Fit predator-prey functional responses.

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Description

Fits predator-prey functional responses and returns data in a consistent, predictable way, exposing some useful methods.

Usage

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frair_fit(formula, data, response, start=list(), fixed=NULL)

Arguments

formula

A simple formula of the form y ~ x.

data

The dataframe containing x and y.

response

A string denoting the response to fit. See Details.

start

A named list. Starting values for optimised parameters.

fixed

A named list. Values that are not optimised.

Details

frair_fit is a utility function which helps users fit common non-linear predator-prey curves to integer data. It uses maximum likelihood estimation, via mle2 from the bbmle package.

The response requested must be known to FRAIR. To establish what is supported, inspect the output from frair_responses(). All parameters listed by frair_responses() (except X) must be provided in either start or fixed and some guidance is given on the help pages for each function about what should (and should not) be optimised.

Generally speaking fitting non-linear curves to ecological datasets can be challenging. Approaches to fitting predator-prey functional response curves are described in further detail by Juliano (2001) and Bolker (2008). Many of the pitfalls (along with very sound advice) in non-linear curve fitting in general are described by Bolker et al. 2013. Users are directed there for more information.

Note that currently all fits encoded by FRAIR use the optim optimiser with a non-default number of iterations (5000 [frair] vs. 500 [default]) and that all fits except typeI use the 'Nelder-Mead' method (see Note). This is different from the mle2 default, which currently (bbmle v. 1.0.15) uses the 'BFGS' method.

mle2 is clever inasmuch as it will return fitted values even if inverting the Hessian matrix at the optimum fails. However, this will result in a warning along the lines of:

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Warning message:
In mle2(fit, start = start, fixed = fixed, data = list(X = dat$X, :
  couldn't invert Hessian

If this happens it could mean many things, but generally speaking it is indicative of a poor fit to the data. You might consider:

  • Checking the data for transcription errors or outliers

  • Trying different starting values

  • Trying a different (simpler) curve

  • Fitting the curve outside of FRAIR using another optimiser or another approach (see the Note, below)

  • Collecting more data

Note that the advice given in mle2 to use the 'Nelder-Mead' method, is largely redundant because this is already the default in FRAIR (though you could try the 'BFGS' method quite safely...)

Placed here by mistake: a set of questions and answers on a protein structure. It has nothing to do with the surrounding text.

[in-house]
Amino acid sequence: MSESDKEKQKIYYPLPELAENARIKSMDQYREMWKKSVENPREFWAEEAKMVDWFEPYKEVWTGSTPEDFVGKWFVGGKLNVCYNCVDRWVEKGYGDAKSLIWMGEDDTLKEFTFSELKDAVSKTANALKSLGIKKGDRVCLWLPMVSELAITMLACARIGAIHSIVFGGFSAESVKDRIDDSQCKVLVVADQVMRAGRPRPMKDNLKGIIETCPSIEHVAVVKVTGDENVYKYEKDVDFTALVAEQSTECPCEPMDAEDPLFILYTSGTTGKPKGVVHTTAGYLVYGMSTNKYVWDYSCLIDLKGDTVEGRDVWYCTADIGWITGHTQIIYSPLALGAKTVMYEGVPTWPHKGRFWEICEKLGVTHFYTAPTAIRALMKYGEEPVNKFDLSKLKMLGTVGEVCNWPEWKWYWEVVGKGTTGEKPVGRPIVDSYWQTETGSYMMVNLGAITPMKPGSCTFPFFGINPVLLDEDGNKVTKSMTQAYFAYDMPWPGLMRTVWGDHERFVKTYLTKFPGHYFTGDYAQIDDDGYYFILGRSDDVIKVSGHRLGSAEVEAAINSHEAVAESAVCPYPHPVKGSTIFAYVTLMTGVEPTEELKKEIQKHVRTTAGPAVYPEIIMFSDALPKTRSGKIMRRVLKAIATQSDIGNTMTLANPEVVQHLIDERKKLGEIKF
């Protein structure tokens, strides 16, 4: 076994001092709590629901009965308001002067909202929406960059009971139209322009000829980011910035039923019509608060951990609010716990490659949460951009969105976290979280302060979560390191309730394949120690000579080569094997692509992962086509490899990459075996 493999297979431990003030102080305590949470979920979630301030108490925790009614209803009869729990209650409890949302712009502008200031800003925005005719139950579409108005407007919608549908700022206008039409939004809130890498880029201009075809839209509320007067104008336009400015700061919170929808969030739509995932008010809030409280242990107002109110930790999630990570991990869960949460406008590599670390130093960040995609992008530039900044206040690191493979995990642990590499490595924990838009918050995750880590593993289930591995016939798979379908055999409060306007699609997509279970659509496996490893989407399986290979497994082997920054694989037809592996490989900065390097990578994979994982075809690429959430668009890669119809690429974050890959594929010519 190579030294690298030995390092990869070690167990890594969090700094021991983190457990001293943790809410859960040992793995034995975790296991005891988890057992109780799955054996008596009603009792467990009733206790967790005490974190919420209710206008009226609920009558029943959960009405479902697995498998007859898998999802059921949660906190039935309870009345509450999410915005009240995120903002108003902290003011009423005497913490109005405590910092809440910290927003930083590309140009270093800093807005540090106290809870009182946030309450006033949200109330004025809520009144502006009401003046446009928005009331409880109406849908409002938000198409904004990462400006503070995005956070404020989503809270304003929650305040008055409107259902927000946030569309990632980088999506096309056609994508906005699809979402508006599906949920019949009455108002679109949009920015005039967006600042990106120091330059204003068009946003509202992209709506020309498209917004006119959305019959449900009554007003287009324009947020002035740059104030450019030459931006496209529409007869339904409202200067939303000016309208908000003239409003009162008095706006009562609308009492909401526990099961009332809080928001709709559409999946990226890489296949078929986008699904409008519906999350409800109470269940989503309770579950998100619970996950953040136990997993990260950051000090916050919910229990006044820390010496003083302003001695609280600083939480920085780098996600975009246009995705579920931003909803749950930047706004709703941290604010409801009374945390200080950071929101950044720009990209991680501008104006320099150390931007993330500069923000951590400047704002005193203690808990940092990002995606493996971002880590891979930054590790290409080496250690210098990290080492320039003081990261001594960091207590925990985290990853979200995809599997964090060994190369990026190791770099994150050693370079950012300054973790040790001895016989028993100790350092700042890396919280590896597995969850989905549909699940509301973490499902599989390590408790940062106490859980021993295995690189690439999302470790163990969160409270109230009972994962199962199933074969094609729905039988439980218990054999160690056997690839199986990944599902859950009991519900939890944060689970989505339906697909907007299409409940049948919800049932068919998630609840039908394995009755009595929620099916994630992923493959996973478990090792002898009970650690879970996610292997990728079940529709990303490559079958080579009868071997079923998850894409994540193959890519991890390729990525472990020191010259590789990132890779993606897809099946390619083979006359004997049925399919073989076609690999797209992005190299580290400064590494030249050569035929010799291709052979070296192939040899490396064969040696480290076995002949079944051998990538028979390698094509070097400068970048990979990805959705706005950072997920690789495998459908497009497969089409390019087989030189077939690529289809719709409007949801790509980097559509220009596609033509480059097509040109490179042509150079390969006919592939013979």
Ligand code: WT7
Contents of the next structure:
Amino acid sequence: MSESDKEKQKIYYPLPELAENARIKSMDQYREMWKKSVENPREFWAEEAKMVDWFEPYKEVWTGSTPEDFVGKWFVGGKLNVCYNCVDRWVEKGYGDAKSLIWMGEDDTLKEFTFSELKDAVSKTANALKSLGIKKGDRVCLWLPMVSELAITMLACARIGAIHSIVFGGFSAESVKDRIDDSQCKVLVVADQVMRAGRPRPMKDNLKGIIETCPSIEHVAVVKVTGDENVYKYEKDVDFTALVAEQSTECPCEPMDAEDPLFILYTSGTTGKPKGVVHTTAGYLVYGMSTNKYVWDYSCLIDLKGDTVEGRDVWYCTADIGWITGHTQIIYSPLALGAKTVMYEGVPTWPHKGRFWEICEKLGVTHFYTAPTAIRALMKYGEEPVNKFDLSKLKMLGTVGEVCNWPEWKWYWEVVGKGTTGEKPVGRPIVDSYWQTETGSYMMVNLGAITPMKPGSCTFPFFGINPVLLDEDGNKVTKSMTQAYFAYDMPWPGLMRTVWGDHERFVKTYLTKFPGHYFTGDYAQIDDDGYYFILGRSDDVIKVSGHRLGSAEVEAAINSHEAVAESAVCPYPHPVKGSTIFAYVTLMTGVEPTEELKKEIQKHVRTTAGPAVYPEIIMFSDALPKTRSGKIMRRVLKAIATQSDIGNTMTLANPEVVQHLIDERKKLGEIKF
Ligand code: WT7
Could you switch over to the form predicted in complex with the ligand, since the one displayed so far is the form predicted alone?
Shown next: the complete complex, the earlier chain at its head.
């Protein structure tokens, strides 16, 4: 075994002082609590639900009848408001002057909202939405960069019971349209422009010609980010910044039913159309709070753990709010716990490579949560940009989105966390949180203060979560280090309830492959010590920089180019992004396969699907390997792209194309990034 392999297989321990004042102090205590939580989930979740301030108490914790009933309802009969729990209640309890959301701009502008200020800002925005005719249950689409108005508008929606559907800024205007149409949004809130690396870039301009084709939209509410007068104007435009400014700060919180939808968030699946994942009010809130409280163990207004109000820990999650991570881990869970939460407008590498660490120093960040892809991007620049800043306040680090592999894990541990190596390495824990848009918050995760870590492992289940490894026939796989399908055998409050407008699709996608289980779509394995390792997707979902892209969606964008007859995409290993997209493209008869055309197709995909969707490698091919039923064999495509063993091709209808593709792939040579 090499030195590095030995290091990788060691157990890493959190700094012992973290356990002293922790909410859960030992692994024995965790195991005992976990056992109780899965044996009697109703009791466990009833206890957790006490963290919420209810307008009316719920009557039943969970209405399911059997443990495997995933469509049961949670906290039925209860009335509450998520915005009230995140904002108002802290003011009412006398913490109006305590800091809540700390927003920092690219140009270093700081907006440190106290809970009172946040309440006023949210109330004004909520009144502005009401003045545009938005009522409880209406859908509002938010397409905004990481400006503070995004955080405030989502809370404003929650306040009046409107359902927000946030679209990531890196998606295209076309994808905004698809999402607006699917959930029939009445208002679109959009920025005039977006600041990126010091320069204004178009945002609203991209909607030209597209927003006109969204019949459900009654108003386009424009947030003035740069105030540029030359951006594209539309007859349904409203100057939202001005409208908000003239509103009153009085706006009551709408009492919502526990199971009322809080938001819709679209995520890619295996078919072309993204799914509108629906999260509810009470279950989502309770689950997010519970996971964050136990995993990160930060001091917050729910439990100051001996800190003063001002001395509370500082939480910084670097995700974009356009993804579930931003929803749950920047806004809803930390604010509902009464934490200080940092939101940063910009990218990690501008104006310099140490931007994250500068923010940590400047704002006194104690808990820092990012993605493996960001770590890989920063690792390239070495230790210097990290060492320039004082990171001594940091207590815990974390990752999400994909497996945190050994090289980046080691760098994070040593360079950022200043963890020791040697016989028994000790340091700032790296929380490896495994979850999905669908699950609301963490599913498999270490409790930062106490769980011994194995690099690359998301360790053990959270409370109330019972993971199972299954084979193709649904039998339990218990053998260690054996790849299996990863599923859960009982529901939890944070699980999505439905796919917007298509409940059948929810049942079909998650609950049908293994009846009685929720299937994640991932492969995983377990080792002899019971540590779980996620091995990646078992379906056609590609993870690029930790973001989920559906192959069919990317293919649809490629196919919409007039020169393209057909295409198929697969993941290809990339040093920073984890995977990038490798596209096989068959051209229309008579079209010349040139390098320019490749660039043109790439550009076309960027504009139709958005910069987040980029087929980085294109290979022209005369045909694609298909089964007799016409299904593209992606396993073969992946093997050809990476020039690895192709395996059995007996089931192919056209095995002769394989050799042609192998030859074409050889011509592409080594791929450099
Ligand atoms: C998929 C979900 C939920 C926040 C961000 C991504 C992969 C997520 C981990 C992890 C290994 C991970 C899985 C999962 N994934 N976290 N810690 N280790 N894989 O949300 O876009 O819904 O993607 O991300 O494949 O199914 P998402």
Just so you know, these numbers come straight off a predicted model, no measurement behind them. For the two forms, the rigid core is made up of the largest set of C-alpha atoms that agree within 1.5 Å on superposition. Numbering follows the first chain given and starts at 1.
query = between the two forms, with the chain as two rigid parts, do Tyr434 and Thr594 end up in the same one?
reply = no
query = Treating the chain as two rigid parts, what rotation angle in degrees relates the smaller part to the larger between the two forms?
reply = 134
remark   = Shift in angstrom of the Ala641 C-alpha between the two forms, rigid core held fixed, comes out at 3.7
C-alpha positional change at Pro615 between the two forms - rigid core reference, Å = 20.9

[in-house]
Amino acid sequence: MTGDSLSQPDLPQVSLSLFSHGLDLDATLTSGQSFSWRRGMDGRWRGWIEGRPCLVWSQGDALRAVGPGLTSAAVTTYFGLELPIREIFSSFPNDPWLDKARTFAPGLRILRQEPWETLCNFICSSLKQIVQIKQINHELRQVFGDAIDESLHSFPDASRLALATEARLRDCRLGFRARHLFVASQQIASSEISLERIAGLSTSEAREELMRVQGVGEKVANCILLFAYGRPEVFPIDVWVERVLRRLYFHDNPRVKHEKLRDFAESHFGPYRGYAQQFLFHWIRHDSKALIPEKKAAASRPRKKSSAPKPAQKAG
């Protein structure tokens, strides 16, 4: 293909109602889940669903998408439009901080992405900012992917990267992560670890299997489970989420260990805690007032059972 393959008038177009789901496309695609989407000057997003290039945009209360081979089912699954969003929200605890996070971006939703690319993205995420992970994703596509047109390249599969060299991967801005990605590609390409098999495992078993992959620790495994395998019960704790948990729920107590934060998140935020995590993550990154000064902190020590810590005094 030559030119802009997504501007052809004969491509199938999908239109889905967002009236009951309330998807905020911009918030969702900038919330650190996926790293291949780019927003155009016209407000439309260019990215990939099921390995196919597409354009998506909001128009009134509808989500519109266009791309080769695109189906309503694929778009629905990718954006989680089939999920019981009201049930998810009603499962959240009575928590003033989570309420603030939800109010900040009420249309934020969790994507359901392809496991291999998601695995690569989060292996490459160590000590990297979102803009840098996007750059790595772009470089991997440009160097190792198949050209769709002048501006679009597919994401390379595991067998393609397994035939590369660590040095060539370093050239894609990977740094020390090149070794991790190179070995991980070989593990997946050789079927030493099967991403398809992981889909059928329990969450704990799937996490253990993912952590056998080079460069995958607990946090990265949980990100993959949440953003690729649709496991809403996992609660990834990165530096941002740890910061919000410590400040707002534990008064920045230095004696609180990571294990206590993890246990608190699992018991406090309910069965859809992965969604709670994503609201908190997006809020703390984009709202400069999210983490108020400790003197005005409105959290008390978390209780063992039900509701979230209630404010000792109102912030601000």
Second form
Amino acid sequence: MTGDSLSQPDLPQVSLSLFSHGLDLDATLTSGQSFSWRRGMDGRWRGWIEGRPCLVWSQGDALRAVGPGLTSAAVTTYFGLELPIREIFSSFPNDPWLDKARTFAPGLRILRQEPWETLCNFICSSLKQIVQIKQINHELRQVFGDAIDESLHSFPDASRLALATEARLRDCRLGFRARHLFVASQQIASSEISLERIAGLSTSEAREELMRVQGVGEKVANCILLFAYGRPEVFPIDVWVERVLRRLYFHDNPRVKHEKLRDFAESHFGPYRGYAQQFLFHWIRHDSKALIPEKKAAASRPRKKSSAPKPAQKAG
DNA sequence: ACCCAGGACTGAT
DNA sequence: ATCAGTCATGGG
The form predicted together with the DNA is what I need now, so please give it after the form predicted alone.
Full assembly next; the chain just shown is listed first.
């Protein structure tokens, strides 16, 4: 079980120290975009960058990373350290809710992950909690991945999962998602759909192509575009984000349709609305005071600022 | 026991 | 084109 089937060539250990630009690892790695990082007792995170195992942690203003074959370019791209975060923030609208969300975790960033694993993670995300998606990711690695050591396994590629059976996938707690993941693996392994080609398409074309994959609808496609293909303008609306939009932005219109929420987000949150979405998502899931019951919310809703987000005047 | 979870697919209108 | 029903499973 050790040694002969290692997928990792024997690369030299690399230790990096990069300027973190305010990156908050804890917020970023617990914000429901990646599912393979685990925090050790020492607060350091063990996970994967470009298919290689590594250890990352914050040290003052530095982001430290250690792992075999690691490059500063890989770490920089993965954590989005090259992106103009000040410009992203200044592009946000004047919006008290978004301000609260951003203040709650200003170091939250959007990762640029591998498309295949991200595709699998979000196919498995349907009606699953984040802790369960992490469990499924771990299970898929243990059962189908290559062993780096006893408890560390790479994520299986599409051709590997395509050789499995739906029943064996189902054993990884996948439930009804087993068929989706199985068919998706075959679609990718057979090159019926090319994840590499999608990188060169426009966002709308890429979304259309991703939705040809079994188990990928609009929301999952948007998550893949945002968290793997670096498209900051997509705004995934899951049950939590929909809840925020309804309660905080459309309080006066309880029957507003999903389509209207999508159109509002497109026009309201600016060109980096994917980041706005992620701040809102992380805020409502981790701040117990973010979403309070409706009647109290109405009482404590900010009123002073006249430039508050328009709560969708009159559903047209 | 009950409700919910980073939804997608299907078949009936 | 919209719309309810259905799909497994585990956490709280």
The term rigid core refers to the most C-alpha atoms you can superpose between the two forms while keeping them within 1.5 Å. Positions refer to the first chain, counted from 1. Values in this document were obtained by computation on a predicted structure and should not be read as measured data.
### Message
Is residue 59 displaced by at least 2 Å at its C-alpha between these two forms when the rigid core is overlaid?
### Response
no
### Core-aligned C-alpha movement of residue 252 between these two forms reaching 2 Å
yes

If convergence (i.e. fitting) fails for other reasons, see the manual page of optim.

Value

This function returns a named list of class frfit with the following named items:

call

The original call to frair_fit.

x

The original x data supplied to frair_fit.

y

The original y data supplied to frair_fit.

response

A string. The fitted response.

xvar

A string. The right hand side of formula.

yvar

A string. The left hand side of formula.

optimvars

A character vector. The optimised values (passed to start).

fixedvars

A character vector. The fixed values (passed to fixed).

coefficients

A named numeric. All coefficients needed to draw the optimised curve.

sample

A numeric vector. Always samp=c(1:nrow(data)) (c.f. class frair_boot).

fit

The raw object returned by mle2.

Objects of class frfit have print, plot and lines methods defined. See the help for those methods for more information.

Note

Future versions will allow the user more control over the underlying fitting algorithms. In the meantime FRAIR exports all of its (useful) functions so that users can fit the curves directly using their preferred method if the defaults are undesirable. See the Examples for an illustration of this approach.

Author(s)

Daniel Pritchard

References

Juliano SA (2001) Nonlinear curve fitting: Predation and functional response curves. In: Scheiner SM, Gurevitch J (eds). Design and analysis of ecological experiments. Oxford University Press, Oxford, United Kingdom. pp 178–196.

Bolker BM (2008) Ecological Models and Data in R. Princeton University Press, Princeton, NJ.

Bolker BM and others (2013) Strategies for fitting nonlinear ecological models in R, AD Model Builder, and BUGS. Methods in Ecology and Evolution 4: 501–512. doi:10.1111/2041-210X.12044.

See Also

frair_boot, frair_responses, fr_rogersII.

Examples

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data(gammarus)

frair_responses() # See what is available
# A typeII fit
outII <- frair_fit(eaten~density, data=gammarus, response='rogersII', 
        start=list(a = 1.2, h = 0.015), fixed=list(T=1))

# A linear fit
outI <- frair_fit(eaten~density, data=gammarus, response='typeI', 
        start=list(a=0.5), fixed=list(T=1))

# Visualise fits
plot(outII, pch=20, col=rgb(0,0,0,0.2), xlim=c(0,30))
lines(outII)
lines(outI, lty=3)

# Have a look at original fits returned by mle2 (*highly* recommended)
summary(outII$fit)
summary(outI$fit)
# Compare models using AIC
AIC(outI$fit,outII$fit)

## Not run: 
## Fitting curves outside of FRAIR (to diagnose problems)
# Using mle2 or mle manually:
manual_fit <- mle2(rogersII_nll, start=list(a = 1.2, h = 0.015), 
        fixed=list(T=1), method='SANN', 
        data=list('X'=gammarus$density, 'Y'=gammarus$eaten))
# Note that the SANN method is *not* a general-purpose algorithm, 
#   but it will return *something*

## End(Not run)